How Does Forbearance Work?
Forbearance is available for people who don't qualify for a deferment, or who have used up the maximum amount of time that the lender will allow for deferments. Because you continue to accrue interest during periods of forbearance, forbearance is generally easier to qualify for then deferment.
According to the Department of Education, borrowers can qualify for a forbearance if they are willing but unable to make their payments. This could be for any number of reasons: your income might be too small but not small enough to qualify for deferment, or you may have too much debt and be unable to pay it all. Sallie Mae has similar qualifications for deferments: you must want to pay, but not be able to pay.
Some lenders, including Sallie Mae, may charge a fee for putting your loans into forbearance. Other lenders require you to make at least one "good faith" payment when putting your loans into forbearance. Forbearance generally lasts for a one year period of time, and you may then need to apply for forbearance again and either pay another fee or make another "good faith" payment.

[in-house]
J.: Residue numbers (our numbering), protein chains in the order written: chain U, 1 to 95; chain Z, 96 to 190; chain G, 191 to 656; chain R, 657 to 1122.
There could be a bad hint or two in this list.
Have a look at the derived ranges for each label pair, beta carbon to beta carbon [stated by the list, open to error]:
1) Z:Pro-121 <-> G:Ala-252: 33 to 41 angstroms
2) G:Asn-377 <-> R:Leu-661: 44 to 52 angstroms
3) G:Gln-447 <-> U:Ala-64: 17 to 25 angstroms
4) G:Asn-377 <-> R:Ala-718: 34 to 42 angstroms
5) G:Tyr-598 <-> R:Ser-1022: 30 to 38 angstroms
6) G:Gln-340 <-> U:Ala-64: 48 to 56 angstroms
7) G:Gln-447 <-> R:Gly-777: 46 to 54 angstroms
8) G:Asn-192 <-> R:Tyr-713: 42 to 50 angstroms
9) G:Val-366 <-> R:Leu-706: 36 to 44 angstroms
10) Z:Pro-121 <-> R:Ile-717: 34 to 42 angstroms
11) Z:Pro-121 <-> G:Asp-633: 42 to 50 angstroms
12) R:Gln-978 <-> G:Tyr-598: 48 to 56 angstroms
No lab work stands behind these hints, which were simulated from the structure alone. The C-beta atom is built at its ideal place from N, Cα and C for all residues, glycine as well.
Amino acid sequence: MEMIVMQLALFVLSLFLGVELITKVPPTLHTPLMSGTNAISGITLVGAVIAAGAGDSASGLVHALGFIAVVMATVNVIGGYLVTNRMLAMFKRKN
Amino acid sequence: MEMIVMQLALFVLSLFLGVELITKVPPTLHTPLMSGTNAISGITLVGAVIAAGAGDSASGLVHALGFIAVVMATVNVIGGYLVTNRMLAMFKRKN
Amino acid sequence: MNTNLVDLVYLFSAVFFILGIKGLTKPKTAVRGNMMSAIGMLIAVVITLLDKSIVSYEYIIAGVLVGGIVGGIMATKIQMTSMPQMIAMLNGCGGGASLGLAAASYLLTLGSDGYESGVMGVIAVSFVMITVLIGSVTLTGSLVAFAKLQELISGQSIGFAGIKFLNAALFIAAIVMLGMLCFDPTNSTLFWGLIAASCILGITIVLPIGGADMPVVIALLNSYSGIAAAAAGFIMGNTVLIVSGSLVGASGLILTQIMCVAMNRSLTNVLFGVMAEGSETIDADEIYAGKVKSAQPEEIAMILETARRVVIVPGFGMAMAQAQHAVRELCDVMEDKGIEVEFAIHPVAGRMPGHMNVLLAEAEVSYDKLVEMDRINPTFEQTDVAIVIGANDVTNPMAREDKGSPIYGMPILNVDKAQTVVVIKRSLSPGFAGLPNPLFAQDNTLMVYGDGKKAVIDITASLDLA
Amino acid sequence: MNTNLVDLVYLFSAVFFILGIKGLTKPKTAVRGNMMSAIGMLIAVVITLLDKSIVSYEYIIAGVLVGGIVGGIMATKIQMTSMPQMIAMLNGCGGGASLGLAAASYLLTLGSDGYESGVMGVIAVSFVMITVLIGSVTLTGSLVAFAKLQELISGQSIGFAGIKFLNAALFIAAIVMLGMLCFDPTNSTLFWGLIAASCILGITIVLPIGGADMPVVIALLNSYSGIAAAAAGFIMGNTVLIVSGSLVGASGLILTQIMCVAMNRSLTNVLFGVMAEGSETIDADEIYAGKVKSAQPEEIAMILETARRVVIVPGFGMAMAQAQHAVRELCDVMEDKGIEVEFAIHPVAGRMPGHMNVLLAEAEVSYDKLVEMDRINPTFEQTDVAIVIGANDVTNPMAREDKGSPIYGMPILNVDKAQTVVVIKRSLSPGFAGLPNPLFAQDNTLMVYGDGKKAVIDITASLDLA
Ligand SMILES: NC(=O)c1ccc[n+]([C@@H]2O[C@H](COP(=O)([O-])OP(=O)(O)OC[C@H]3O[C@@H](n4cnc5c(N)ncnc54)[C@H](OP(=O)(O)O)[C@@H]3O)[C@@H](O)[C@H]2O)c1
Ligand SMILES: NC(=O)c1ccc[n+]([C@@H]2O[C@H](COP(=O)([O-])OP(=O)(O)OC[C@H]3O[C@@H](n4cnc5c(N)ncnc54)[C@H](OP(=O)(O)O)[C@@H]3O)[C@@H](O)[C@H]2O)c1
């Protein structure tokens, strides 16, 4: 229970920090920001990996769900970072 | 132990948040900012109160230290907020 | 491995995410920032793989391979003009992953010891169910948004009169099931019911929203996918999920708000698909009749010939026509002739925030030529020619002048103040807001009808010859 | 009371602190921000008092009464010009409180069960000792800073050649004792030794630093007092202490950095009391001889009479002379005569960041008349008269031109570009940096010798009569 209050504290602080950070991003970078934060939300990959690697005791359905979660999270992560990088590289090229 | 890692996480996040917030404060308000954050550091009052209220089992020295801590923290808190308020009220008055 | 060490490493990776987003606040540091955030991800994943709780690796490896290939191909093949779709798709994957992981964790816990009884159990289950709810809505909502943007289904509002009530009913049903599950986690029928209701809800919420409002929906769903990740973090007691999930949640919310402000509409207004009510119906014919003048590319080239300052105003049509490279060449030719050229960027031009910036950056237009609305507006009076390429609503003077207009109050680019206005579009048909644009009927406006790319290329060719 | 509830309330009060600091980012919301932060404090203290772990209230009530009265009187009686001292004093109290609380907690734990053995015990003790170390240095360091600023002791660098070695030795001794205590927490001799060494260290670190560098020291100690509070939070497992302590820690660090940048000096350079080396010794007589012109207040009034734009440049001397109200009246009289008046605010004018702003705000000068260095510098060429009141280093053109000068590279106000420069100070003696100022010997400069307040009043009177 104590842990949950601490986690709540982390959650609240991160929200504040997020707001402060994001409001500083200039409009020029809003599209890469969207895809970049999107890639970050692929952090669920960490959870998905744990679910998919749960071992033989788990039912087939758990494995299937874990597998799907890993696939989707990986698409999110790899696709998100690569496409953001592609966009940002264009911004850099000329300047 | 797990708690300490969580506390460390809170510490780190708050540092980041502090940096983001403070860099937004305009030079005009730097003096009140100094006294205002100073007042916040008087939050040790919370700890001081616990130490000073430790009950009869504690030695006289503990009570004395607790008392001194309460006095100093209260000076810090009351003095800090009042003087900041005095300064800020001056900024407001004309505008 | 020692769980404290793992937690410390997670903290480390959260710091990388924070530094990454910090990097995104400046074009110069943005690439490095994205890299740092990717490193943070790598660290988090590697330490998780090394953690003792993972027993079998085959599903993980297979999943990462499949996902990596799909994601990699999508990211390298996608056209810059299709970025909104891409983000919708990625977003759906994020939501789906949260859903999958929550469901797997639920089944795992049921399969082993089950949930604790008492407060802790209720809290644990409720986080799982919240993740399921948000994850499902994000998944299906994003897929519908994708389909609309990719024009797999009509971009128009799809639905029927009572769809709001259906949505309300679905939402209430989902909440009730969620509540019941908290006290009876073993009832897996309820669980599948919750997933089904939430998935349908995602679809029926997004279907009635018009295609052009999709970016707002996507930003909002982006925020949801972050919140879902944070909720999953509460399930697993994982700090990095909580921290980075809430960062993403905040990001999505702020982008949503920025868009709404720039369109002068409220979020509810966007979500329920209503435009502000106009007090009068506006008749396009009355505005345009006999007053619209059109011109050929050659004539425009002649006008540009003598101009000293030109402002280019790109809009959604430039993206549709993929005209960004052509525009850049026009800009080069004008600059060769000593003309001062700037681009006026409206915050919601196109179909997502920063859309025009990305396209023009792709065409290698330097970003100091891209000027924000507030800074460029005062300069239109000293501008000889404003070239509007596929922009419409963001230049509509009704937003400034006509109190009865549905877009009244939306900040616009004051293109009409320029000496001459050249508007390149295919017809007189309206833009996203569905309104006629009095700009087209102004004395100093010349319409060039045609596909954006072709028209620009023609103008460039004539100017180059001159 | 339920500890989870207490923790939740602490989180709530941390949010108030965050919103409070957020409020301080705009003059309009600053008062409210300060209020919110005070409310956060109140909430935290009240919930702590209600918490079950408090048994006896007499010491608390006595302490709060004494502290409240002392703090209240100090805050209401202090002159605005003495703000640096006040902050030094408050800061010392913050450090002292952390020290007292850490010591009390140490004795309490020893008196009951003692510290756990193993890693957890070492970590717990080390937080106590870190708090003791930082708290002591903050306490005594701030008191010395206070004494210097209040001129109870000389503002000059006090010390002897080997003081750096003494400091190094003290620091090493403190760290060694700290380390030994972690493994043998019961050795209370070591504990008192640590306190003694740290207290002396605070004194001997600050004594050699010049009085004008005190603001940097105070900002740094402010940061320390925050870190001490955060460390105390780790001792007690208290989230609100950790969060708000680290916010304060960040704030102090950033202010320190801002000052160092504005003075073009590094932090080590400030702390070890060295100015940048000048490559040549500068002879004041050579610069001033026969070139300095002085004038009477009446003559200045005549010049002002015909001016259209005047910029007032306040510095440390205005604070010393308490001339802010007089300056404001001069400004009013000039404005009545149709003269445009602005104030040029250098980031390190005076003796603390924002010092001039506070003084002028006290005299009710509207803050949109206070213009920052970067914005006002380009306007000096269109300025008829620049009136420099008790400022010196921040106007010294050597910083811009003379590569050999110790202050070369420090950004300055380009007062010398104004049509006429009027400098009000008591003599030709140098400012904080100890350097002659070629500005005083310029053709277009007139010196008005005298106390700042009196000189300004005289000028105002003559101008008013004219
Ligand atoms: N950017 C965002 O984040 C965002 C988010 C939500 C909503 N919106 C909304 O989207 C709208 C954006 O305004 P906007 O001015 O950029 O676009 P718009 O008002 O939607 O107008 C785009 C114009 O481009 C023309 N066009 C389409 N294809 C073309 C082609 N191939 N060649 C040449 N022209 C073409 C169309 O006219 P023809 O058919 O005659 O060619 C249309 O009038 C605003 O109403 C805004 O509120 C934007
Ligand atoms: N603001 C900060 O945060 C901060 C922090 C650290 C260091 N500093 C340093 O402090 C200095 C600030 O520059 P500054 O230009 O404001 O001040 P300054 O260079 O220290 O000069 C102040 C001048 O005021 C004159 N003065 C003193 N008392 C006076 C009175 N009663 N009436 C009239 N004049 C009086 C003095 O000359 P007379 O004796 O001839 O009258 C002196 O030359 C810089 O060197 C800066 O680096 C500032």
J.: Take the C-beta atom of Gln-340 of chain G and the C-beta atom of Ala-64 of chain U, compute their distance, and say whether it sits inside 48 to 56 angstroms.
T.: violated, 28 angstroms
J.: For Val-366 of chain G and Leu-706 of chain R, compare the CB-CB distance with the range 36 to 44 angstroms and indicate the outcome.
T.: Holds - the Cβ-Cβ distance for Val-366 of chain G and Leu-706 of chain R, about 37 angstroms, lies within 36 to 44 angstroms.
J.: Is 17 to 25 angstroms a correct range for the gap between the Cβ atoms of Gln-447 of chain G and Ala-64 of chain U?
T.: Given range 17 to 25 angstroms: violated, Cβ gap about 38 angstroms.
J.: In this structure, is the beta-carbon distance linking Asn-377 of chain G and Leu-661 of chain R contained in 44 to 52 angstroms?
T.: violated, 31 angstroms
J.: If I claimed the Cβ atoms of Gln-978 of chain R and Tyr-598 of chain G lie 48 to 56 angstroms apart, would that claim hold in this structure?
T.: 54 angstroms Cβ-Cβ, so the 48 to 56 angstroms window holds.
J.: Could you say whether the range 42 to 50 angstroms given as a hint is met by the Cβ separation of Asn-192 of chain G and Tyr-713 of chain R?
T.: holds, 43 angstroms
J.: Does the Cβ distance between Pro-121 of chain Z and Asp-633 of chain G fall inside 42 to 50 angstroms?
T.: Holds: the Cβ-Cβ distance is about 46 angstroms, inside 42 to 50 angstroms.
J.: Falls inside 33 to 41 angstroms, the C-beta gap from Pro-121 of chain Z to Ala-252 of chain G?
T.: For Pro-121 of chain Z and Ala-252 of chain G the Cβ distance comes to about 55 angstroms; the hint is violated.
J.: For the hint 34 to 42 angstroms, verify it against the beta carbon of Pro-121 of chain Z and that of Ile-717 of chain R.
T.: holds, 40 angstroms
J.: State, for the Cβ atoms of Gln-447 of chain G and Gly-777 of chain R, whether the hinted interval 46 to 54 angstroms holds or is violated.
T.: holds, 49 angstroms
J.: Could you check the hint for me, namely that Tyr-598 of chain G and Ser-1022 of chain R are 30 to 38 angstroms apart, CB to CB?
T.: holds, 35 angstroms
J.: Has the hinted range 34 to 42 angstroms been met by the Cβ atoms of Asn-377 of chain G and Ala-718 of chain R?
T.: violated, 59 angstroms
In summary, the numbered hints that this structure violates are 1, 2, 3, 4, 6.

Interest accrued during periods of forbearance becomes "capitalized" or added on to the principle, so putting your loans into forbearance means you will end up paying back more money in the long run. You have the option of paying interest during the period of forbearance to prevent this from happening.
Both Sallie Mae and the Department of Education, as well as many other lenders, put a limit on the number of years your loan can be in forbearance before you must begin making payments.